A new Report by Border Forensics
In May 2015, with the support of the European Union, its agencies and its member states, the Nigerien government adopted Law 2015-36, relating to illicit migrant trafficking to protect migrants from “unscrupulous smugglers.” Services for migrants such as transport and accommodation, once openly accepted by the Nigerien authorities and vital for the local economy as well as trans-Saharan mobility, were thus criminalised and subjected to severe penalties, including prison sentences.
These repressive measures and the strengthening of the border devices resulting from them have however neither deterred migrants from transiting via Niger’s routes nor protected them from “unscrupulous smugglers” as suggested by the “mission accomplished” narrative broadcast by the Nigerien authorities, their international partners and the media.
On the contrary, according to numerous academic, journalistic, or human rights defence reports, the criminalization of services for migrants and the related control practices have created the need for an underground transport economy, thus exacerbating the dangers migrants face today. To escape controls, carriers take routes through more remote and isolated areas, creating even more dangerous and often fatal situations for migrants when a vehicle breaks down, gets stuck in sand or is abandoned by carriers for fear of being arrested.
Since the adoption of this law, many actors such as Alarm Phone Sahara (APS) have worked tirelessly to shed light on the ensuing humanitarian disaster for migrants. However, despite these efforts, the actual number of deaths in the Nigerien desert remains unknown. According to the Missing Migrant Project, at least 1092 migrants have died since 2014 trying to cross the Nigerien Sahara. Nevertheless, these figures only represent the tip of the iceberg.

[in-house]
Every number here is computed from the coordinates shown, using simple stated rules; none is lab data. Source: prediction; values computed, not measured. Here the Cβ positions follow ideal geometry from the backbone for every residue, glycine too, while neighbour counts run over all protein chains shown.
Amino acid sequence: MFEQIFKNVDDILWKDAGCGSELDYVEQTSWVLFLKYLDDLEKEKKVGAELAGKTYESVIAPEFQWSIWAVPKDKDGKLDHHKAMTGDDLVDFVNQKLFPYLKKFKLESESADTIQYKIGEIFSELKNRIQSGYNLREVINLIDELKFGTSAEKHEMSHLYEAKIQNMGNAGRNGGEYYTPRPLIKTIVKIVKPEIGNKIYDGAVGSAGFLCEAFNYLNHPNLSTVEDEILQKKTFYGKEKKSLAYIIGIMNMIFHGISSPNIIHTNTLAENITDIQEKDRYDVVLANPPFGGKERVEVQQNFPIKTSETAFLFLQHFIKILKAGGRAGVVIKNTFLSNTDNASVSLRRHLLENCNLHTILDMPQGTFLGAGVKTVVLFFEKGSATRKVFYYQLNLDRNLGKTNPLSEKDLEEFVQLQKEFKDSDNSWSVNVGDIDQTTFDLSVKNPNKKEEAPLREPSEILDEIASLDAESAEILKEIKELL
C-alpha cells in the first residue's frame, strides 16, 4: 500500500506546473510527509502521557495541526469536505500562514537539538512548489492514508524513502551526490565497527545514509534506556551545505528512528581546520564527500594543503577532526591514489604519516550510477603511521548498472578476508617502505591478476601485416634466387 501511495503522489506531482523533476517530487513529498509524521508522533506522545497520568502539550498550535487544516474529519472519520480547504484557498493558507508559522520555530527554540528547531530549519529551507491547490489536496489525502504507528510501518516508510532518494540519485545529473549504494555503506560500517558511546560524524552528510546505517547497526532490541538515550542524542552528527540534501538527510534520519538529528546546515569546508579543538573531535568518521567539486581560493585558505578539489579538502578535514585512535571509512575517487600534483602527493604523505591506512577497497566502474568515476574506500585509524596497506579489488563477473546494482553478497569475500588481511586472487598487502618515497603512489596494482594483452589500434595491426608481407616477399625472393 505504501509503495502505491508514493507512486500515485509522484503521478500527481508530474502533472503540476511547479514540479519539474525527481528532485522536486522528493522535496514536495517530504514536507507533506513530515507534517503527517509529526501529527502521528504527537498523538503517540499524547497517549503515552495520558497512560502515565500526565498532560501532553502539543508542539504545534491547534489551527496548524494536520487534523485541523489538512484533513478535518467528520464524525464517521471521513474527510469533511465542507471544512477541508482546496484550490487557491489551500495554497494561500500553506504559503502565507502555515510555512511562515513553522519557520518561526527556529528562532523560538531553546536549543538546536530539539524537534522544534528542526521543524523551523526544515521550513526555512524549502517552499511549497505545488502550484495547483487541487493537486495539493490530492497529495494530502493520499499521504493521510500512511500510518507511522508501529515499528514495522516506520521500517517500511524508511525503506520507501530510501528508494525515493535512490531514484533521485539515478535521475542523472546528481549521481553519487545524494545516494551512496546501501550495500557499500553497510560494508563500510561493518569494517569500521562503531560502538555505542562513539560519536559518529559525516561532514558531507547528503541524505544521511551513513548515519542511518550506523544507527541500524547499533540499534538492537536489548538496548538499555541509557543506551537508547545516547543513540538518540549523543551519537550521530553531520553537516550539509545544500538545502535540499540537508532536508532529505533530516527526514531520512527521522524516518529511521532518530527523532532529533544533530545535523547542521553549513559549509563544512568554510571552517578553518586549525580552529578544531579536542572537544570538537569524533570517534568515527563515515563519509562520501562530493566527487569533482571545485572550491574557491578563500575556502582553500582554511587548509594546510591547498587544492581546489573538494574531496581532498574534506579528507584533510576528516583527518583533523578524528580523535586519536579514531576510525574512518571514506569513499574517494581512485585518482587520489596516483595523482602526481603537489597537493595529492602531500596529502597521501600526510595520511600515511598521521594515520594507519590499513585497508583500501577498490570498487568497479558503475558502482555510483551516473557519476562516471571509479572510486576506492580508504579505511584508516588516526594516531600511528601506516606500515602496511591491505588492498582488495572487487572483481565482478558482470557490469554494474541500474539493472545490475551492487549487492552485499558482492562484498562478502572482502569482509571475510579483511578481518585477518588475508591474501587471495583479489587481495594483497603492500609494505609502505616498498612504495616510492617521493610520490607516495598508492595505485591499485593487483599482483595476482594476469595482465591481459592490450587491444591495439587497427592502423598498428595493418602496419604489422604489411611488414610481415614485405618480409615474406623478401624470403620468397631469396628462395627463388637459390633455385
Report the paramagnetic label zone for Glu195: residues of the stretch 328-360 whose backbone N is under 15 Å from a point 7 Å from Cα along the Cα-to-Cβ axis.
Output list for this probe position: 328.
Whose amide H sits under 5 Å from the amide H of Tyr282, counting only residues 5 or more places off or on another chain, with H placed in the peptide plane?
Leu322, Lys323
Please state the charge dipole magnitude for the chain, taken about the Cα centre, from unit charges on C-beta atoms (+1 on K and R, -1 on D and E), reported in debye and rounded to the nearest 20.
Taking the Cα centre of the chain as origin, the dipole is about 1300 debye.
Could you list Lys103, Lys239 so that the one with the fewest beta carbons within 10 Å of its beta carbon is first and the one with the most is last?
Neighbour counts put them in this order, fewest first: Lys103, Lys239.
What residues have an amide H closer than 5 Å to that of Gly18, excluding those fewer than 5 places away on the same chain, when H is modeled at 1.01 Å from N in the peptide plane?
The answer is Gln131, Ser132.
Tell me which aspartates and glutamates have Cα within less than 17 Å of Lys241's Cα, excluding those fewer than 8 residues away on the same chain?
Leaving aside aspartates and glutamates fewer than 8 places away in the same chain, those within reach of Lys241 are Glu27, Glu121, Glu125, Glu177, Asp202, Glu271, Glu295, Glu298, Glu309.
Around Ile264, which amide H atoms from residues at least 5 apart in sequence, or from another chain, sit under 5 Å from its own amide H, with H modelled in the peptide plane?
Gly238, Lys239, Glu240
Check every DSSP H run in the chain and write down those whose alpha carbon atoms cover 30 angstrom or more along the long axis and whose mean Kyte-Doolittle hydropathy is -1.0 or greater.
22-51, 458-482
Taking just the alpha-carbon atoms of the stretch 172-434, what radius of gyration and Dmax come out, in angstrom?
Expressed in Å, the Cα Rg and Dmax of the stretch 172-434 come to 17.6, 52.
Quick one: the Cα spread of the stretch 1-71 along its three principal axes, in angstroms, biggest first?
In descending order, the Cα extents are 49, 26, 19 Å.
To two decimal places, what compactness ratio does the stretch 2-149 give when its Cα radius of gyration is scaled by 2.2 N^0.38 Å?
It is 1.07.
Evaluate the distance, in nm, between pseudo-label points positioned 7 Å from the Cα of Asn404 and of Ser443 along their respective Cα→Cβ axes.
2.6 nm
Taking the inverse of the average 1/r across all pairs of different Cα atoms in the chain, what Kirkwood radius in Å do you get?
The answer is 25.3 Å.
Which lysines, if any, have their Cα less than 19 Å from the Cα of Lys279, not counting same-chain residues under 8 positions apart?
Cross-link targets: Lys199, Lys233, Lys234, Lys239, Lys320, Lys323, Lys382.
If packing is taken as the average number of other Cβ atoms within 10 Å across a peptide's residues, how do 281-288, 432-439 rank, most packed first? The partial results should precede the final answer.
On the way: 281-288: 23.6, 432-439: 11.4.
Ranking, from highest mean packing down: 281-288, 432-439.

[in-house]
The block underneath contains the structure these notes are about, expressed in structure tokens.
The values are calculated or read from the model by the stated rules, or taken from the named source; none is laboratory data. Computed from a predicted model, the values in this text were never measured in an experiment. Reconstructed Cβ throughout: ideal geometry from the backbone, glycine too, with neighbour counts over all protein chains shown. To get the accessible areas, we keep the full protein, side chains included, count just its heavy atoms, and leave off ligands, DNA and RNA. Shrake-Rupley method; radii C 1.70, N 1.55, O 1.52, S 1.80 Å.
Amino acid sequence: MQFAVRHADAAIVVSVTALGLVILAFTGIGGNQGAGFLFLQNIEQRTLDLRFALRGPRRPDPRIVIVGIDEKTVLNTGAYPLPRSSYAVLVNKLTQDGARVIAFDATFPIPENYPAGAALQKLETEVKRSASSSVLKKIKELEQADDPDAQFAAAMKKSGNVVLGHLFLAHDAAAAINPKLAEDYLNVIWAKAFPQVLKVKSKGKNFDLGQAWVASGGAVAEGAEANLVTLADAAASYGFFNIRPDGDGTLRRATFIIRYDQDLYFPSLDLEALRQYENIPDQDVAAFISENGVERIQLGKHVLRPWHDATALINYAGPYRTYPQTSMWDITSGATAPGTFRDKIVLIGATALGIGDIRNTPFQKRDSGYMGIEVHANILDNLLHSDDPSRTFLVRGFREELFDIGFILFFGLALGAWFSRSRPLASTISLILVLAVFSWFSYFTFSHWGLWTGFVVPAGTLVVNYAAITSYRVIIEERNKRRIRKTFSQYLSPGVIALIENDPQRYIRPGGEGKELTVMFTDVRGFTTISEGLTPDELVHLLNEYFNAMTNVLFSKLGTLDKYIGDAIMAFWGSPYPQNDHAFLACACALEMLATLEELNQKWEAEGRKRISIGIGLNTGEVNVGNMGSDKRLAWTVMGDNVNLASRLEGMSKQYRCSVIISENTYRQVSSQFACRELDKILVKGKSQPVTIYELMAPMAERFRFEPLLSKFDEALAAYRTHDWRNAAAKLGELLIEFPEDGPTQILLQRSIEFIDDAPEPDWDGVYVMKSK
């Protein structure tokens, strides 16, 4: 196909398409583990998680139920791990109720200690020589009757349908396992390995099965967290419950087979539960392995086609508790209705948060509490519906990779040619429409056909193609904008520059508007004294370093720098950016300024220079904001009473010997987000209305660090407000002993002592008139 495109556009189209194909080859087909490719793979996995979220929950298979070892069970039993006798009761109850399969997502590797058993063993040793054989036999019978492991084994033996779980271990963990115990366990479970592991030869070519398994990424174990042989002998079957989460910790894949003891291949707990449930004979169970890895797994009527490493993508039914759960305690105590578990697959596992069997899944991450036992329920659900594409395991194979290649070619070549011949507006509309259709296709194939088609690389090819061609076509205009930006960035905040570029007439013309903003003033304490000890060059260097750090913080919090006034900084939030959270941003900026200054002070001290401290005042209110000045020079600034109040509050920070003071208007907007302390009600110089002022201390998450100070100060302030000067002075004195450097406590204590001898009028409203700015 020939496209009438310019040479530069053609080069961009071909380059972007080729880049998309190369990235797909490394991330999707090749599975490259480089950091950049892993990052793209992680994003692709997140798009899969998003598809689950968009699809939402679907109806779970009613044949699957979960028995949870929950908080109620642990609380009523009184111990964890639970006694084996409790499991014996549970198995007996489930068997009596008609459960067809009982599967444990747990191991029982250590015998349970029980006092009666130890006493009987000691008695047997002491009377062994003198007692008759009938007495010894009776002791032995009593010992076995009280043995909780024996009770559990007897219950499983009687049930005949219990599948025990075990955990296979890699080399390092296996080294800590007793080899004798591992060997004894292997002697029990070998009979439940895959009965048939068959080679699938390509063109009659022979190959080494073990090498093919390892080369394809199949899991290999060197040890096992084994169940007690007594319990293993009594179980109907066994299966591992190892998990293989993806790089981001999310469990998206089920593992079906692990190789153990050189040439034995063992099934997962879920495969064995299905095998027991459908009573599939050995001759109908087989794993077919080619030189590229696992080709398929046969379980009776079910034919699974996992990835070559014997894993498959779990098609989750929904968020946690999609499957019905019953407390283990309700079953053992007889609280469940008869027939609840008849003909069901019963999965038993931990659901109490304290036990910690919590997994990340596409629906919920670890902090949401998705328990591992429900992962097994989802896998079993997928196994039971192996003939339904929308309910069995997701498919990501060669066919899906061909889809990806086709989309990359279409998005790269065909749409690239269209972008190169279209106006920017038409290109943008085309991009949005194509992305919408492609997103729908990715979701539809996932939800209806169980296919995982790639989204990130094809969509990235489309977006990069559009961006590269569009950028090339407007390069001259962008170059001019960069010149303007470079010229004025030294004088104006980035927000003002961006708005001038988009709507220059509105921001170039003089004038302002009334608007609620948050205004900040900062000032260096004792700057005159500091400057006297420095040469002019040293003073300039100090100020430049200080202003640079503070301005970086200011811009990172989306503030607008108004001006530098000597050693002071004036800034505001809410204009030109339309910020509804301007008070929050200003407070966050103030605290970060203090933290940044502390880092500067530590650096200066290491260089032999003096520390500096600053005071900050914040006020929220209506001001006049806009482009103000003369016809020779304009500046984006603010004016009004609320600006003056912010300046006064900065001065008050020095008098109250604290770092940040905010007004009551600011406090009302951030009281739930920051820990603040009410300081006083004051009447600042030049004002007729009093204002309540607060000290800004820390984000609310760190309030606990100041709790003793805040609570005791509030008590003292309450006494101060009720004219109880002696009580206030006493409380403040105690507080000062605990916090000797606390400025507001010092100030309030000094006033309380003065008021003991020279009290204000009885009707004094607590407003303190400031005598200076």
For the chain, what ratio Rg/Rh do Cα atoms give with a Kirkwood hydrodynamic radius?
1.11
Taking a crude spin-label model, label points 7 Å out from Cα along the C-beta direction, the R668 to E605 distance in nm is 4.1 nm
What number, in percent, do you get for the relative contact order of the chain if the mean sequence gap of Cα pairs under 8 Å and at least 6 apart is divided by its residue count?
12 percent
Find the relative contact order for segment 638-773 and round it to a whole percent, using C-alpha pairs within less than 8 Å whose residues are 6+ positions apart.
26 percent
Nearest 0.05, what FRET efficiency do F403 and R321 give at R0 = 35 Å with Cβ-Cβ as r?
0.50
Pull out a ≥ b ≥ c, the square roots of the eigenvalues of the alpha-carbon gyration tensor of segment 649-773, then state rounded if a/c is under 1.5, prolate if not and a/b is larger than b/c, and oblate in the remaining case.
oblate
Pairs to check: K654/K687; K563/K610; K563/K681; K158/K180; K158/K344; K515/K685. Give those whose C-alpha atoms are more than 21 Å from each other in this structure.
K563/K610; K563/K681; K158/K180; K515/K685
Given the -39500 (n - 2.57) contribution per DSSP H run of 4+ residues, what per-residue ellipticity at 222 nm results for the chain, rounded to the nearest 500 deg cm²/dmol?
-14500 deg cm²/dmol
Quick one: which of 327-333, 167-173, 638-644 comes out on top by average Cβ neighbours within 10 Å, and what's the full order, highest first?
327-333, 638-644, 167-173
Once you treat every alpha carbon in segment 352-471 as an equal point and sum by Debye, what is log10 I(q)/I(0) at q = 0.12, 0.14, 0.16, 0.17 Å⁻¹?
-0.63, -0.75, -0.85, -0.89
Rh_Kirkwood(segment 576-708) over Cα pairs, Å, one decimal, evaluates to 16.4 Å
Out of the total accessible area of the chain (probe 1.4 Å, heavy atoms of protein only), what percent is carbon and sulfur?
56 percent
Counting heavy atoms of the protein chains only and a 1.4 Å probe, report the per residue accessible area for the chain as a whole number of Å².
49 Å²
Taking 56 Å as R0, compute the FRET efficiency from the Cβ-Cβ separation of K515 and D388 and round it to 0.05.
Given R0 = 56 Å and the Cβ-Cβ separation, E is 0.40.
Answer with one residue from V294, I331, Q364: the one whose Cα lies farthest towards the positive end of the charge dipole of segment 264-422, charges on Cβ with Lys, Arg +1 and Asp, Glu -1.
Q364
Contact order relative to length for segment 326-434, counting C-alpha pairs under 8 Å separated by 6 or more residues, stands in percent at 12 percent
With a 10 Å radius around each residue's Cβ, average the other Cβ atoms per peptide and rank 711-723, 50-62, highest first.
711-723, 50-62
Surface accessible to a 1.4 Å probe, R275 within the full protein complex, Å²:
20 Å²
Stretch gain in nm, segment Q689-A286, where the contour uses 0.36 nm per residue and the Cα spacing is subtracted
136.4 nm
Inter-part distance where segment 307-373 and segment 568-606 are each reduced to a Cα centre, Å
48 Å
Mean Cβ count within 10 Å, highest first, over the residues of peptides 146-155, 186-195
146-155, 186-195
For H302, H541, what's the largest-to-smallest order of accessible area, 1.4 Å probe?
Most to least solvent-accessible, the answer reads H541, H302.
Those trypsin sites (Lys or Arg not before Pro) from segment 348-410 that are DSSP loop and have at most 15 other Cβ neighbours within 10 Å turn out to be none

The severe penalties provided for by Law 2015-36 have forced trans-Saharan flows towards very remote areas where incidents can easily go unnoticed, thus making the process of collecting reliable data on the number of deaths even more difficult. In response to this humanitarian crisis resulting from Law 2015-36 and the absence of reliable empirical data, Border Forensics has developed innovative geospatial analysis and remote sensing methodologies. The aim of these new methodologies is to provide empirical documentation on the deadly effects of border control practices in Niger.
These methodologies have been deployed at three key sites located along the Dirkou-Sabha axis: the city of Séguédine, the Madama military fort and the Toummo border post at the border between Niger and Libya. Border Forensics’ analyses have focused on water losses and the detection of migrants by defence and security forces. To do this, two geographical models previously applied to the forensic analysis of the militarization of the Sonora desert in the border areas between the United States and Mexico have been used.
The first model, the viewshed analysis, uses an algorithm to determine the visibility of various tracks from the main road. Higher values mean greater visibility and, therefore, an increased risk of detection from the main road. The second model incorporates a cost-distance analysis, an algorithm that calculates the lowest cumulative cost to cross a given landscape. Using climatic and terrain data, this model can estimate the minimum amount of water a person in distress would need to reach the main route to get help. This model draws on those used in search and rescue operations in the Sonora desert but has been adapted to account for the effort associated with navigating dunes compared to harder surfaces such as bare rock.